• Prepared and distributed 2,092 food baskets to needy families in Palomas and three nearby communities. These baskets provided food for 6,396 people.
  • Provided 922 free checks of blood pressure and glucose levels at the Border Partners office or in the community in 2021.
  • Presented training for pregnant women on the following topics: child development, pregnancy care, nutrition during pregnancy, prevention of pre-diabetes during pregnancy, infant death prevention and child mental development.
  • Provided one-on-one counseling to 20 pregnant women and girls, twice each week for four months, to answer their questions and provide information.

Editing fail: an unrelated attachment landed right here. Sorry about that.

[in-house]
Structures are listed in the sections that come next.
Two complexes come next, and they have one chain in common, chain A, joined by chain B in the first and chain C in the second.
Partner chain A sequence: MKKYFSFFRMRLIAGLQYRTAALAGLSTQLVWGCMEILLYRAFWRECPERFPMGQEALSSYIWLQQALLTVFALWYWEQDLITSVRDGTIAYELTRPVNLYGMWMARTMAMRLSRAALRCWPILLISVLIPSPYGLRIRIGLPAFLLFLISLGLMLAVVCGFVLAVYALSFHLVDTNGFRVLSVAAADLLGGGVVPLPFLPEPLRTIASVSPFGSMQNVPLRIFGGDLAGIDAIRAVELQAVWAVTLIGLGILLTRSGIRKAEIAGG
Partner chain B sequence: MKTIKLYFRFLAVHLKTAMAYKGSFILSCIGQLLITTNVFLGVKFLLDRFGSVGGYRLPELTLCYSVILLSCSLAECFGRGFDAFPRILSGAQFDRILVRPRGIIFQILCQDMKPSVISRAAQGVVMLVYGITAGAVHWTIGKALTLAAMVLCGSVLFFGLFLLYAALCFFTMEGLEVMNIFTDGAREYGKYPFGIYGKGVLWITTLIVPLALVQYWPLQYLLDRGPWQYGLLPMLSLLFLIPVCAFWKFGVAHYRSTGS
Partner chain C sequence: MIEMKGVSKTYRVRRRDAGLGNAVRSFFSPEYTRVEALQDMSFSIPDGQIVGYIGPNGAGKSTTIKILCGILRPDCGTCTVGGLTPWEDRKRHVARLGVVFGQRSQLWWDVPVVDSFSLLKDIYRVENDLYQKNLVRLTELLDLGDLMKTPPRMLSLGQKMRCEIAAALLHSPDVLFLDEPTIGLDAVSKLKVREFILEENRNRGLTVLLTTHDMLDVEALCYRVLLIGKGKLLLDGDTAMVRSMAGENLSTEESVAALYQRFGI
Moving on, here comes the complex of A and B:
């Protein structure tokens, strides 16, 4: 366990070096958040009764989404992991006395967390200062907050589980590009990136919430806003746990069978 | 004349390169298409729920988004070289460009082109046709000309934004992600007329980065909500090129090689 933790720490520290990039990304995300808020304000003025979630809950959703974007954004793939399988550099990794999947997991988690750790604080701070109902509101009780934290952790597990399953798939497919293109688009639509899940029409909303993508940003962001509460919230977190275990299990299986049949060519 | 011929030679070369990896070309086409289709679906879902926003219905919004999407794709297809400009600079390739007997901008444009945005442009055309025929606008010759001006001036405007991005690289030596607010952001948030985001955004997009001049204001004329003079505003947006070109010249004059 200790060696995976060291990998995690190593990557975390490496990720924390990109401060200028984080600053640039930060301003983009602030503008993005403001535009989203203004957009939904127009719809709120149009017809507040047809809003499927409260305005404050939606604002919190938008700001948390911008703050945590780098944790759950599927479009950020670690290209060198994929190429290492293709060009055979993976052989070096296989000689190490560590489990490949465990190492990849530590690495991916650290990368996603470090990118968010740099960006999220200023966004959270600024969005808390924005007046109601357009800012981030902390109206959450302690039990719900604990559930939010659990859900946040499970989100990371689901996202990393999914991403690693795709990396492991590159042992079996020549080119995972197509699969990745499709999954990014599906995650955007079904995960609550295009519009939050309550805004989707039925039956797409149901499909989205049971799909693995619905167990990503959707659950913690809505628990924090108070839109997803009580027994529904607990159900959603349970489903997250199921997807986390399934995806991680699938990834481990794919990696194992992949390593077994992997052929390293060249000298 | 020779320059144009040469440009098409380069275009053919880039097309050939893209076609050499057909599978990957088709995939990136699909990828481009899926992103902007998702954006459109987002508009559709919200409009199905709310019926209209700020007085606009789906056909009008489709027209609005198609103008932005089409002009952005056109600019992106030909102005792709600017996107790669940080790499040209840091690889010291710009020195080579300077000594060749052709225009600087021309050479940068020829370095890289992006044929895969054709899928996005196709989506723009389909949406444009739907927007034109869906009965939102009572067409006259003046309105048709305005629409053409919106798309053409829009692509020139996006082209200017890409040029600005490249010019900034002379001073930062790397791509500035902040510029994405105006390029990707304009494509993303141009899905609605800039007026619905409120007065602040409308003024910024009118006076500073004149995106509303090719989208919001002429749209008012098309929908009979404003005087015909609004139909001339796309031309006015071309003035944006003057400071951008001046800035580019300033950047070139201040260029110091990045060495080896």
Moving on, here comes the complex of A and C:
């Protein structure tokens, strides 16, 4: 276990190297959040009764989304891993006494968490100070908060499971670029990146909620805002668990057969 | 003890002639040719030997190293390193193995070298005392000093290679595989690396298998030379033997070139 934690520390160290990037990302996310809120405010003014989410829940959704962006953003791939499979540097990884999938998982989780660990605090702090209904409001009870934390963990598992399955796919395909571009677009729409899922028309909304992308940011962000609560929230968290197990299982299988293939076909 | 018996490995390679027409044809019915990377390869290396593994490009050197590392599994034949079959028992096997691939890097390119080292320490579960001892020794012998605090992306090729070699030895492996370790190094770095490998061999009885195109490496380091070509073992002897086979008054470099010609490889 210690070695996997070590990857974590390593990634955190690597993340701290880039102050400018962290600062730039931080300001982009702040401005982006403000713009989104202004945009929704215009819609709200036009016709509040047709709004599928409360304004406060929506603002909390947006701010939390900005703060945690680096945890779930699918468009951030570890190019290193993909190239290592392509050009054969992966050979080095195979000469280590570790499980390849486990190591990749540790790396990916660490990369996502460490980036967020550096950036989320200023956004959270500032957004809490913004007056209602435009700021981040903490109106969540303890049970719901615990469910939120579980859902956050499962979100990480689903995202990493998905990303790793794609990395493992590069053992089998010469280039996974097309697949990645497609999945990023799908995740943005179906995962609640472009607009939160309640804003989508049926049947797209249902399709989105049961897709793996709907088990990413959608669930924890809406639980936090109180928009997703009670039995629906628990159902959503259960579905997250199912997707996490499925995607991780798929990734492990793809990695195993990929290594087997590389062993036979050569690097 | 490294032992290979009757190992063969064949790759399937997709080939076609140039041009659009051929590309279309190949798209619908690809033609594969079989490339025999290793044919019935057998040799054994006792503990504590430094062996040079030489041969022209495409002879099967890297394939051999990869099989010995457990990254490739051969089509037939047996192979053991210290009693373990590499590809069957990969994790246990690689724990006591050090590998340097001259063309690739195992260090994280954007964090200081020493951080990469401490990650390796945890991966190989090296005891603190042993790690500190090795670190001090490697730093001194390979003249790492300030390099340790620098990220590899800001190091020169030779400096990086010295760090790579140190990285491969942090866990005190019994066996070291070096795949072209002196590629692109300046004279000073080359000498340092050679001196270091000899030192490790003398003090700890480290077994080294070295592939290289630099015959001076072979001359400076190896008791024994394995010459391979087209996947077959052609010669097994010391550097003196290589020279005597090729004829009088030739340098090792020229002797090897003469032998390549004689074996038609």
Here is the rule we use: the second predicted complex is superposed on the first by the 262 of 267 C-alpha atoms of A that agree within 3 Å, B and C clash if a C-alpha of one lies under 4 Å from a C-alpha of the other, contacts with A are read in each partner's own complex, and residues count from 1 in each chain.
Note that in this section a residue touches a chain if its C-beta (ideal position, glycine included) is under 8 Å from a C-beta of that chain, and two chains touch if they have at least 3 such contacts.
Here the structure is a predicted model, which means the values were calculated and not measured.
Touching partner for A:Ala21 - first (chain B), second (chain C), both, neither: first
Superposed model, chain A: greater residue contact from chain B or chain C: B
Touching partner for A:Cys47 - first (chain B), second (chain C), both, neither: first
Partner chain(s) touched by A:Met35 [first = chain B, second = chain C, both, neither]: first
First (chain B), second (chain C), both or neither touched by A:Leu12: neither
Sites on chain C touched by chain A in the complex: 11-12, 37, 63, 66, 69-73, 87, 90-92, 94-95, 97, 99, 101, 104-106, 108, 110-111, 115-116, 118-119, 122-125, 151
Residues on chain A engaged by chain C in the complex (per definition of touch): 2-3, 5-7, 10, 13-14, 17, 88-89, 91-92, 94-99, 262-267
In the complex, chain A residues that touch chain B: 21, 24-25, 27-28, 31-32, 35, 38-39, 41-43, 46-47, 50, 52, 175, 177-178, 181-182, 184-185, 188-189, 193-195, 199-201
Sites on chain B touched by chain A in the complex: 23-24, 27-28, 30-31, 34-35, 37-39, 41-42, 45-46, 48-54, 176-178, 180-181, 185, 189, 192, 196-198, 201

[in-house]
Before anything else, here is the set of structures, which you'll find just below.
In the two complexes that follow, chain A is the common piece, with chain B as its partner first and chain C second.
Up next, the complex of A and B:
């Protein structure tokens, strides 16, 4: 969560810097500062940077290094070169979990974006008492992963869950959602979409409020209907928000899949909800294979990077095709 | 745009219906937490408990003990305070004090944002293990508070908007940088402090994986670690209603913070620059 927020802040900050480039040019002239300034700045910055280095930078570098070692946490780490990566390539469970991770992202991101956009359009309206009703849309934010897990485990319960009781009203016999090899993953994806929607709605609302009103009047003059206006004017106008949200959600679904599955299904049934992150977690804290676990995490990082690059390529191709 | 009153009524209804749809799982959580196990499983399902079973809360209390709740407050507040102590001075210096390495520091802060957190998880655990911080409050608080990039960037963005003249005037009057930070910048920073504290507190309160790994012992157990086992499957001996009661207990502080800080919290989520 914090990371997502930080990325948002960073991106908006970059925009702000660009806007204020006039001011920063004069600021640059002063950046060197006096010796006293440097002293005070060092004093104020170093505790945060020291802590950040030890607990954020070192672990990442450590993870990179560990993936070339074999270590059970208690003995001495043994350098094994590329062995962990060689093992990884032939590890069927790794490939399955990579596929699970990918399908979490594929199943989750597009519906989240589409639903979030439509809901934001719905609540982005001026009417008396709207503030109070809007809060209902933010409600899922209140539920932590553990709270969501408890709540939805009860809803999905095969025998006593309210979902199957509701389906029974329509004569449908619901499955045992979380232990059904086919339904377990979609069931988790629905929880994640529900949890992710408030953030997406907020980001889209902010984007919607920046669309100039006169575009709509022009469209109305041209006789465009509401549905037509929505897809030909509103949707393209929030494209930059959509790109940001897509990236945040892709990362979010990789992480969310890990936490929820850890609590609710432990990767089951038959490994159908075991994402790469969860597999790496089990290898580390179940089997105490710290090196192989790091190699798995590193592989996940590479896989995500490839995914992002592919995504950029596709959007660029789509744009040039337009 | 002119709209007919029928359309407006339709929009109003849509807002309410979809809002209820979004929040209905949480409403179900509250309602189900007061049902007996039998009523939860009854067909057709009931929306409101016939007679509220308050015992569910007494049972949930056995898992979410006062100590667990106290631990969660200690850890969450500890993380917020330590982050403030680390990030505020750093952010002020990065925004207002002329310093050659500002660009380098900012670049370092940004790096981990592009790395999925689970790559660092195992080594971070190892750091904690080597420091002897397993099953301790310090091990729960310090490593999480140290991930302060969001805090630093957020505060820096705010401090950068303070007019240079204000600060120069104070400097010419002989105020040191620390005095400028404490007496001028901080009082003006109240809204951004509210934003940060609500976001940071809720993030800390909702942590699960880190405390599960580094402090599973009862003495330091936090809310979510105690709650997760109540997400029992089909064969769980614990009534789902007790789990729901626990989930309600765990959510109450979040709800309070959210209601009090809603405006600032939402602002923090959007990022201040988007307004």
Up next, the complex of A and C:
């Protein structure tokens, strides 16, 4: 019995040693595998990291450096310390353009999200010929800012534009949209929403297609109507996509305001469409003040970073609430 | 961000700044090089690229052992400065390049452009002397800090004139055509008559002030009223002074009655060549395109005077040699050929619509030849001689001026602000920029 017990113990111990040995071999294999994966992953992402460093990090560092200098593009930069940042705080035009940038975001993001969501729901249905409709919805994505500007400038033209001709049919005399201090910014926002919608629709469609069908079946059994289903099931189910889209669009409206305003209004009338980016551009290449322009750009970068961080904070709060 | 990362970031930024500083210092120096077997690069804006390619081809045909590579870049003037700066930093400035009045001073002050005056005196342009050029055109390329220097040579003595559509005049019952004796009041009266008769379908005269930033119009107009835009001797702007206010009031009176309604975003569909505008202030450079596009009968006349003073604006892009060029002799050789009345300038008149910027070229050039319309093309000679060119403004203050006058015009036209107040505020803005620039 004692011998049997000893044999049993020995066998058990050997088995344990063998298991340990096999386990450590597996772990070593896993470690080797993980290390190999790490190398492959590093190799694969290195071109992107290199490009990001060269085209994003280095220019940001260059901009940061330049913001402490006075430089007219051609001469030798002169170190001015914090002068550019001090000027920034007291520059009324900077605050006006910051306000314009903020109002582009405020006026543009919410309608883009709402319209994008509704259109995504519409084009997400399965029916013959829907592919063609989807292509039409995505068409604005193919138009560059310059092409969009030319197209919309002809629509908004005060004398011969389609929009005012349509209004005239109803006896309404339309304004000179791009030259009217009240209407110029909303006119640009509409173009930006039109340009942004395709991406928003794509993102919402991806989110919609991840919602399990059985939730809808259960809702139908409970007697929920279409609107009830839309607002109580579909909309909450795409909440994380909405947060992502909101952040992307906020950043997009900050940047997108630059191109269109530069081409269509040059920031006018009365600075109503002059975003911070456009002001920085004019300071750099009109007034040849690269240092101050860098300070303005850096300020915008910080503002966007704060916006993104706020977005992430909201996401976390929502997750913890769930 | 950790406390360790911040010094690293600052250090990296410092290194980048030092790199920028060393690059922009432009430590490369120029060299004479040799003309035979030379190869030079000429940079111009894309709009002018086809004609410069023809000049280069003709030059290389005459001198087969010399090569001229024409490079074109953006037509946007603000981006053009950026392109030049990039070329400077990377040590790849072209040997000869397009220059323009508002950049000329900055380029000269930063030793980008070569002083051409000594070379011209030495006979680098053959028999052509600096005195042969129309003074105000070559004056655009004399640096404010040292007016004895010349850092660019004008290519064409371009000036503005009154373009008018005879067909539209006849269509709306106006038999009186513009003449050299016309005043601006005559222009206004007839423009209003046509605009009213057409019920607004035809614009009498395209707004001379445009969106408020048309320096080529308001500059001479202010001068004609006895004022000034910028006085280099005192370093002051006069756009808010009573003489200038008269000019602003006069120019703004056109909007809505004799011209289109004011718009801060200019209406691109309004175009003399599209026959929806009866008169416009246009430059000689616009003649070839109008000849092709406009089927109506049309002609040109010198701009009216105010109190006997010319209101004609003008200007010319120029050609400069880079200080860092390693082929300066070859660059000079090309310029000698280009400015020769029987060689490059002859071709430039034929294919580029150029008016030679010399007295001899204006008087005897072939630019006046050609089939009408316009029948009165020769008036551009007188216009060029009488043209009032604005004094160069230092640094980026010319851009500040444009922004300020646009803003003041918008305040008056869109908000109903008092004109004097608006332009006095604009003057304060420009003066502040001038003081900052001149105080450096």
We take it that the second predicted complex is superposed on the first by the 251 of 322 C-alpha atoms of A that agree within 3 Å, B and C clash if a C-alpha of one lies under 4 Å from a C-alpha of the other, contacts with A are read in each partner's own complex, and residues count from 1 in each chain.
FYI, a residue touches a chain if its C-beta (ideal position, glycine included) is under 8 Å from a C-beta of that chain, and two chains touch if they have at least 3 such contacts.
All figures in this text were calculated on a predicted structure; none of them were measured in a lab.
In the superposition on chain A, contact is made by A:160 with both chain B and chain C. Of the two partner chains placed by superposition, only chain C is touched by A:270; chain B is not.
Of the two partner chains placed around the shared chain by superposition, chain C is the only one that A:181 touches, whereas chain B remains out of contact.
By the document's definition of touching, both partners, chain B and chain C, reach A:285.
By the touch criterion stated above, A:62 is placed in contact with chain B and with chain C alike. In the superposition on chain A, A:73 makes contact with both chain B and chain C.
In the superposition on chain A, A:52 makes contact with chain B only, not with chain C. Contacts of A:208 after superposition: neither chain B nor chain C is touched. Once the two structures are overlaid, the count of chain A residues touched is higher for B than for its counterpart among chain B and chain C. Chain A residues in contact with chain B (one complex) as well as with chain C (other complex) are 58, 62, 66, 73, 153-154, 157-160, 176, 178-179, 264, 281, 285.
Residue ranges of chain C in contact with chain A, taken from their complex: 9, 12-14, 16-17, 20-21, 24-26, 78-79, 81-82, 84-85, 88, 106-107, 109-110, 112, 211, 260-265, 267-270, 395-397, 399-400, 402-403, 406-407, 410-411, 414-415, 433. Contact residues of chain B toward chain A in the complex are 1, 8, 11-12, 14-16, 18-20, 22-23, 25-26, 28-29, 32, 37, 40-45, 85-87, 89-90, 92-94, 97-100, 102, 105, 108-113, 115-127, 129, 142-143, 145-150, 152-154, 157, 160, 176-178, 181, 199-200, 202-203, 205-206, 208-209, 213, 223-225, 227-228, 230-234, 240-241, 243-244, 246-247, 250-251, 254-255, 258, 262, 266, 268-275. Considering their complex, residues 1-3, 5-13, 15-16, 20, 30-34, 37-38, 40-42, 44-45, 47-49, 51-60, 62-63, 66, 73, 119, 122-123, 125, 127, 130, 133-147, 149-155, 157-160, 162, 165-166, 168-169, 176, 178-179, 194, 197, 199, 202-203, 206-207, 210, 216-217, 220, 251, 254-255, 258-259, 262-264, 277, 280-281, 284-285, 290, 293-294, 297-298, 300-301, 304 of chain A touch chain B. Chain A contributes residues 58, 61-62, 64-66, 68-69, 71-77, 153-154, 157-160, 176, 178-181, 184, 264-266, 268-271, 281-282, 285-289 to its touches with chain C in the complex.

• Assisted the schools by providing four workshops for children on preventing COVID; and two workshops for parents: one on nutrition and one on children’s mental health.
  • Donated soccer and basketballs and team shirts to the schools and, in November and December, gave one elementary school 600 sack lunches for children.
  • Gave individual support to 42 home gardeners including who have greenhouses.
  • Raised healthy food for the community in two large, year-round greenhouses.
  • Offered 177 free zumba exercise classes and sponsored one community bicycle event for 40 participants.
  • Presented four social gatherings for isolated seniors (36 people attended). At one of these, there was a presentation about maintaining mental health.
  • In addition, the Promotoras attended three training sessions to learn new skills. The topics related to pregnancy and early childhood development and nutrition. After completion of the classes, they received an official certification.